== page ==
1, 1, 2, 3, 5, 8, 13, … This sequence may seem familiar to us all. It is the Fibonacci sequence. Today, we explore 5 intriguing facts about Fibonacci numbers in this article.
Table of Contens
- How the Fibonacci Sequence goes on
- The golden ratio
- The factors of Fibonacci numbers
- Fibonacci primes
- Perfect powers that are Fibonacci numbers
1. How the Fibonacci Sequence Goes on
Despite how much the Fibonacci sequence displays mathematical beauty, it goes on in a surprisingly easy-to-understand way. Start with the numbers 1 and 1, respectively. Add them together, and you get 2. Add 1 (the penultimate term of the sequence) and 2 (the last term of the sequence) together, and you get the next one, which is 3. This goes on forever and forever. The two 1’s in the sequence are defined as the first and second term of the sequence, while 2 is the third and 3 is the fourth, etc. Specifically, the first few terms of the sequence are listed below.
1, 1, 2, 3, 5, 8, 13, 21, 34, 55, 89, 144, 233, 377, 610, 987…
2. The Golden Ratio
If you repeatedly divide the (n+1)th term of the Fibonacci sequence by the nth term of this sequence, you might notice that it gets closer to a certain number. That number is a golden ratio, and it’s irrational, meaning that it is not expressible as fractions of integers. And this number that looks arbitrary is no typical irrational number.
The golden ratio can be expressed as:
If you subtract 2 from the golden ratio, it is expressible as:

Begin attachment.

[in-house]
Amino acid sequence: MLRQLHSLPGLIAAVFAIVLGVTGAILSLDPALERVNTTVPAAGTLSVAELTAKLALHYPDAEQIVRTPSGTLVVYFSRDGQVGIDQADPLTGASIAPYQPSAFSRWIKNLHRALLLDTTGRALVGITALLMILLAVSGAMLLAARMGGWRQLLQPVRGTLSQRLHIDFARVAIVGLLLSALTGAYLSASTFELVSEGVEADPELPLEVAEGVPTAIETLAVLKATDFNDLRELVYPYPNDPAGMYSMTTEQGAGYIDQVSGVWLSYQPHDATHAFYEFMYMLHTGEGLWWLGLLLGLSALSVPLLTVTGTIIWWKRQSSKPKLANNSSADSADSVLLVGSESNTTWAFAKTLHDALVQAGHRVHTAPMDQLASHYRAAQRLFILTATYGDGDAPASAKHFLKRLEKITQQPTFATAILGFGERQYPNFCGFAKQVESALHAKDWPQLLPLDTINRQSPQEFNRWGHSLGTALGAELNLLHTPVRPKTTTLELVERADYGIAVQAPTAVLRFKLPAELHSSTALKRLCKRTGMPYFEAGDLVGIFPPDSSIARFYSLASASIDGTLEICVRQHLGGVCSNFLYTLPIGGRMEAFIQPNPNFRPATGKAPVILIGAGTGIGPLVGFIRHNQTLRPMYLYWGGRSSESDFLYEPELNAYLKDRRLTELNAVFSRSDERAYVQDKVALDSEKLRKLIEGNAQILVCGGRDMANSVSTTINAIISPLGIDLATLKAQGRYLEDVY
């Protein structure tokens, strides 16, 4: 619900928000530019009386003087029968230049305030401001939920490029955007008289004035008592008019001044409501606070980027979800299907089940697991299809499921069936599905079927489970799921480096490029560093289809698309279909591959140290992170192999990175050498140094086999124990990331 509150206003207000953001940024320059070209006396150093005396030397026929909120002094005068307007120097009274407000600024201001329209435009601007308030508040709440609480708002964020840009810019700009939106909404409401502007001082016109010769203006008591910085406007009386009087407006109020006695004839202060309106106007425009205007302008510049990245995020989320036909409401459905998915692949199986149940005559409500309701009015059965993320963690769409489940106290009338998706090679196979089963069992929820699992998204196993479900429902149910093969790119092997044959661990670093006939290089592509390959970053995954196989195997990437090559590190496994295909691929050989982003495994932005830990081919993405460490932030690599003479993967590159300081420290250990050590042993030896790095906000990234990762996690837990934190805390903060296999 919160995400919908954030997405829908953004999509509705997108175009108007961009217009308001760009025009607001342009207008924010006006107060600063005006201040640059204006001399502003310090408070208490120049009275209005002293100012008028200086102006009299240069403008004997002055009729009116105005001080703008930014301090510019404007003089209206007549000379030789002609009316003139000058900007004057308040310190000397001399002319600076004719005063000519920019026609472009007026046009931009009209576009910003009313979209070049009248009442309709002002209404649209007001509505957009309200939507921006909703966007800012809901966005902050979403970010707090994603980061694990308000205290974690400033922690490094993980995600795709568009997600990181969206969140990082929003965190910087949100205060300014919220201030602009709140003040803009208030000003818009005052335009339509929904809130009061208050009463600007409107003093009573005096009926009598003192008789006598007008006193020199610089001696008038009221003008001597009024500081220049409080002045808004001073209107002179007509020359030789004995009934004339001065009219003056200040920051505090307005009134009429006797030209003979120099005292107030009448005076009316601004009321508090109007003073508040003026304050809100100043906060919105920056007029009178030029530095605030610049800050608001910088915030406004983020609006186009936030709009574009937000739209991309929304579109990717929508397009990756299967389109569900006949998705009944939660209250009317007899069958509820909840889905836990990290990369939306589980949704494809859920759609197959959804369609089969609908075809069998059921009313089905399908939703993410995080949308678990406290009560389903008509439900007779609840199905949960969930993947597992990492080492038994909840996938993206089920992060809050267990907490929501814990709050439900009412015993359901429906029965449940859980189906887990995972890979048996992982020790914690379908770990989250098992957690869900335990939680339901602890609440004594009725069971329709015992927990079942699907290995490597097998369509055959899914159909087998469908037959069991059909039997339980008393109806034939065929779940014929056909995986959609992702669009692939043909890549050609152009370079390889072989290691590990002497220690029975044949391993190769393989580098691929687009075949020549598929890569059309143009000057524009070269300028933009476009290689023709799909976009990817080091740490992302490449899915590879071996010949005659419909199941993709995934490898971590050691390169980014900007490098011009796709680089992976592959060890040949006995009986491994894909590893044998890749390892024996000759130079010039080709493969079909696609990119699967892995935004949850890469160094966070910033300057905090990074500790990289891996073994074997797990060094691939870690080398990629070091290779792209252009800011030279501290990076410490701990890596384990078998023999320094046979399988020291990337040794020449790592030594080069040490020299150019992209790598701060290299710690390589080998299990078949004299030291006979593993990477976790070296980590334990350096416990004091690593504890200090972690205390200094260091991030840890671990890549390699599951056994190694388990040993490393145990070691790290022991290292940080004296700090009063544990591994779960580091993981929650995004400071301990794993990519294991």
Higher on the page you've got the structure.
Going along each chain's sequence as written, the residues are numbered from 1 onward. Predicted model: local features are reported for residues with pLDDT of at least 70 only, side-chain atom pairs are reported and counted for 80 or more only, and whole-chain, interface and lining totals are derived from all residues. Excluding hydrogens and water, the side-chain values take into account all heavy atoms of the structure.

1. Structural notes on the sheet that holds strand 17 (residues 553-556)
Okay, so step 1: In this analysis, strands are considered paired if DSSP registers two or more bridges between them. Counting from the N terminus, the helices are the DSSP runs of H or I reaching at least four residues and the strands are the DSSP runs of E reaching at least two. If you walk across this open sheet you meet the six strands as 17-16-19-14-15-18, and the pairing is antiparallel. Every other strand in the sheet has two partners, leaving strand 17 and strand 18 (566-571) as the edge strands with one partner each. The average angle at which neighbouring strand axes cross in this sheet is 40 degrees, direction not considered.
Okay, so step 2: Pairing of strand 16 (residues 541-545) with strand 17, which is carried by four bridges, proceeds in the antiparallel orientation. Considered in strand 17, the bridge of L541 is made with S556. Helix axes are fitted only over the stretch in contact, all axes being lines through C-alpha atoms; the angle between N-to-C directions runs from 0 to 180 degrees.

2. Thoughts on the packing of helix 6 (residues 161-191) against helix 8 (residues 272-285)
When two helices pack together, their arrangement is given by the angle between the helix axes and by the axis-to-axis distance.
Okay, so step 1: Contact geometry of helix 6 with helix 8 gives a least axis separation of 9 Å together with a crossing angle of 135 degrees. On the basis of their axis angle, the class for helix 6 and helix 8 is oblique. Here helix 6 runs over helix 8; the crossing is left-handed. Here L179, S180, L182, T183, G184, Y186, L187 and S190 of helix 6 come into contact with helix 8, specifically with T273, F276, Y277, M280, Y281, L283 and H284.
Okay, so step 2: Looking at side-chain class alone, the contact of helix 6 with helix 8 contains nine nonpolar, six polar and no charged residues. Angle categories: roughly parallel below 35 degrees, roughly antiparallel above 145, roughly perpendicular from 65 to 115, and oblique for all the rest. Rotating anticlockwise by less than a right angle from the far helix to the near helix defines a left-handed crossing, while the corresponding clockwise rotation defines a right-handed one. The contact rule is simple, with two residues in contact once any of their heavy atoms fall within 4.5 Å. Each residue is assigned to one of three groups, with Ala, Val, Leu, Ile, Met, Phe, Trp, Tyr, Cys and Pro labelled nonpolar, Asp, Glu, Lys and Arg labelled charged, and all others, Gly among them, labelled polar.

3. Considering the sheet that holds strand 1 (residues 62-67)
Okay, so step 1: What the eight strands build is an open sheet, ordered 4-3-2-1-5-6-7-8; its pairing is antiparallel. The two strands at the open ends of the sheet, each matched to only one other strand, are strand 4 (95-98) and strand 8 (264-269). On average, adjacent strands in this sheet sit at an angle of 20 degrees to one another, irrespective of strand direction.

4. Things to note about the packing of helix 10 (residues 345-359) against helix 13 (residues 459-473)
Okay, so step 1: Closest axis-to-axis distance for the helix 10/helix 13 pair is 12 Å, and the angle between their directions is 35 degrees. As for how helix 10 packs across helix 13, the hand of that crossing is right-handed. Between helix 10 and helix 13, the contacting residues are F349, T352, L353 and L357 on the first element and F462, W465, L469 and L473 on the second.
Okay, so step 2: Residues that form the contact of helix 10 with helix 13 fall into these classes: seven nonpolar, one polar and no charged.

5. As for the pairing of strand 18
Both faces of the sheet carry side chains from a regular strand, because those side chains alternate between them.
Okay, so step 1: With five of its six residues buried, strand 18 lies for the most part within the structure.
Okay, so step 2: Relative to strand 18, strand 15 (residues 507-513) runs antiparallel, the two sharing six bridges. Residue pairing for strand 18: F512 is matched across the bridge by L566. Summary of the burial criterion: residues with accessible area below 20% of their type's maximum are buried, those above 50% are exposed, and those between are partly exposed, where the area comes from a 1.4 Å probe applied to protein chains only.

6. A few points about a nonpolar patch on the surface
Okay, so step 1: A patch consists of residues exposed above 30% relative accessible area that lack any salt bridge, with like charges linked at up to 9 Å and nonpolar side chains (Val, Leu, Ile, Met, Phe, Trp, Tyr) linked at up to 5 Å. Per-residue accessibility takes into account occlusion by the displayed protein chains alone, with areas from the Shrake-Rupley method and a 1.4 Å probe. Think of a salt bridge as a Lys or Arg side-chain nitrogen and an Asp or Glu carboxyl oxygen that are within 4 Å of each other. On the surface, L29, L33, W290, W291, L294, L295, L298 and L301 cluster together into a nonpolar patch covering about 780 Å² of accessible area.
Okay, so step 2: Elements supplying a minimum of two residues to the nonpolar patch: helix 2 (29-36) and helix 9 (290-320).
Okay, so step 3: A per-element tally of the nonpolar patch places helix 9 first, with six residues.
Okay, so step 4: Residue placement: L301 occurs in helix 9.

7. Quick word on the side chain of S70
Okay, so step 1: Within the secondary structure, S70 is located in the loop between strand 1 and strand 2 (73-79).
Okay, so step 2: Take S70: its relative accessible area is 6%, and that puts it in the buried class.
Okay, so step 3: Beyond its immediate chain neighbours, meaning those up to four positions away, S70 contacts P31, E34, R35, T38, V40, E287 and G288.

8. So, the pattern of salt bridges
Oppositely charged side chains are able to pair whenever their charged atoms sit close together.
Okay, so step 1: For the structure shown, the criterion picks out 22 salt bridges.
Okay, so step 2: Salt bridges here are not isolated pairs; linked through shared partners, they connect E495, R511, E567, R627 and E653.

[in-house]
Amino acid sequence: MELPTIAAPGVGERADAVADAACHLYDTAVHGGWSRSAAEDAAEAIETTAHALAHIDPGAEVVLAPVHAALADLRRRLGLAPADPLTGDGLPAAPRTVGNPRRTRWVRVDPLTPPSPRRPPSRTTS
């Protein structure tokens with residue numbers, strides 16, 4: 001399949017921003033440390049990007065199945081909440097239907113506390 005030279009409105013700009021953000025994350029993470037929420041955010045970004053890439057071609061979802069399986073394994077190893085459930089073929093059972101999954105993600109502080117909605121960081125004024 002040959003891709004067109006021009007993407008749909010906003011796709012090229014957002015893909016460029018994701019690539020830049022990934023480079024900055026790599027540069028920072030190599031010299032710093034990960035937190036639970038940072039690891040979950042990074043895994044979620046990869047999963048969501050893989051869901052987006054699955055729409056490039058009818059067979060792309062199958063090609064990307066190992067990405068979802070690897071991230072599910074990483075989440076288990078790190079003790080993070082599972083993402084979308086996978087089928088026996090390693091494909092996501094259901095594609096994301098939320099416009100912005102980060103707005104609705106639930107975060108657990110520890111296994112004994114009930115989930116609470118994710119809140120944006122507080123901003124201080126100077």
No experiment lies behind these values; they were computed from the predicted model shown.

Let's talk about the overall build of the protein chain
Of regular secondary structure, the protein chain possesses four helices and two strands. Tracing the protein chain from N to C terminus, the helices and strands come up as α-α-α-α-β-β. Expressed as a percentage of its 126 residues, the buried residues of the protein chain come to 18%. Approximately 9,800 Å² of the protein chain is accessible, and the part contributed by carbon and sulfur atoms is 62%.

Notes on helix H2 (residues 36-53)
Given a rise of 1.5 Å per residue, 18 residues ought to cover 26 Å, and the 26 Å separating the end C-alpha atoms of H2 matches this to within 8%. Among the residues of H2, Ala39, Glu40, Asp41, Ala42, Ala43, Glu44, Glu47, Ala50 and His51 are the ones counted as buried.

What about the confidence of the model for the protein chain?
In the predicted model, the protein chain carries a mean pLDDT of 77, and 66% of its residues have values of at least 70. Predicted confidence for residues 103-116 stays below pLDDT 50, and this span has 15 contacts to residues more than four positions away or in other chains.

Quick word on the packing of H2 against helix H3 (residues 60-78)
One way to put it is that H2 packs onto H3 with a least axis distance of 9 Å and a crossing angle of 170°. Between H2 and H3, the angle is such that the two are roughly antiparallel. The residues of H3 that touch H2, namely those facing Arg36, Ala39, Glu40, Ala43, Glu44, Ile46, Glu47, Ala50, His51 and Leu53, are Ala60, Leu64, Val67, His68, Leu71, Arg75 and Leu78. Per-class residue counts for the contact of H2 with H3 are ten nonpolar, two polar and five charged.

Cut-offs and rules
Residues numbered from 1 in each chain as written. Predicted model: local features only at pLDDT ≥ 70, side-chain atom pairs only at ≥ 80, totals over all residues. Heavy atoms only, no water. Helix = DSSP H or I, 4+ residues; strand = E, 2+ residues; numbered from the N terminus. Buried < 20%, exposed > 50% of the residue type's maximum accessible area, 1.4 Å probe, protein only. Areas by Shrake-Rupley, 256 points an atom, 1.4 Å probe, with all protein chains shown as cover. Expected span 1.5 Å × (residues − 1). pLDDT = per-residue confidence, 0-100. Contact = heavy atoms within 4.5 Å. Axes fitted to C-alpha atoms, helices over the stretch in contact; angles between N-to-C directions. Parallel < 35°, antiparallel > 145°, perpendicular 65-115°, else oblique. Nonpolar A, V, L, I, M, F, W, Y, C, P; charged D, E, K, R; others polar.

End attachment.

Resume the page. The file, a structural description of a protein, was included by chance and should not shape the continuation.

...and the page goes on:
These two expressions both involve irrational numbers (sqrt(5)), yet when they are compared, you can see something so similar in them. That is the beauty of the golden ratio, which makes the famous spiral formed when connecting Fibonacci numbers.
3. The Factors of Fibonacci Numbers
The parity of the Fibonacci sequence is always odd, odd, even, odd, odd, even, and so on. But why does this pattern exist? That’s because of the remarkable similarities between the sequence of numbers and the sequence of Fibonacci numbers in terms of the relationships of their factors.
Suppose the set of factors of n be m. In that case, Fn is divisible by all Fibonacci numbers whose index is in m. If you find it hard to understand, here are a few examples. For instance, F10 = 55, and it’s divisible by F5 = 5, F2 = 1, and F1 = 1. Additionally, no two consecutive Fibonacci numbers have a gcd of greater than 1, which is another reason this sequence is similar to the sequence of integers in its factors.
4. Fibonacci Primes
Because if a Fibonacci number is prime, its index must also be prime unless it is 4, it’s pretty natural to think that a decent amount of primes exist that are also Fibonacci numbers. However, these primes are surprisingly rare. In fact, of the billions and billions of prime numbers that exist in the range where they are enumerated completely, only 51 Fibonacci numbers are known to be prime. It has not even been proven that there exist infinitely many Fibonacci primes, even if we have multiple ways to show that there are infinitely many primes.
5. Perfect Powers that are Fibonacci Numbers
For sequences that do not directly relate to perfect powers like the Mersenne numbers, there are surprisingly few perfect powers among Fibonacci numbers. In fact, it has been said to be proven that the only perfect powers in the infinite set of Fibonacci numbers are 1, 8, and 144. That’s it. For some reason, the Fibonacci numbers avoid perfect powers like in the case of Fibonacci primes. It is also notable that the indices of two of the numbers are their square roots, namely F1 = 1 and F12 = 144.
In this article, we’ve explained 5 intriguing facts about the Fibonacci sequence, which is a sequence that is very commonly mentioned and even seen in nature. Thus, this sequence exhibits so-called mathematical beauty.
References and Credits
- (n.d.). Fibonacci Sequence. Retrieved February 24, 2022, from https://www.mathsisfun.com/numbers/fibonacci-sequence.html
- (2006, December 6). Fibonacci numbers at most one away from a perfect power. Retrieved February 24, 2022, from https://homepages.warwick.ac.uk/~maseap/papers/fnpm.pdf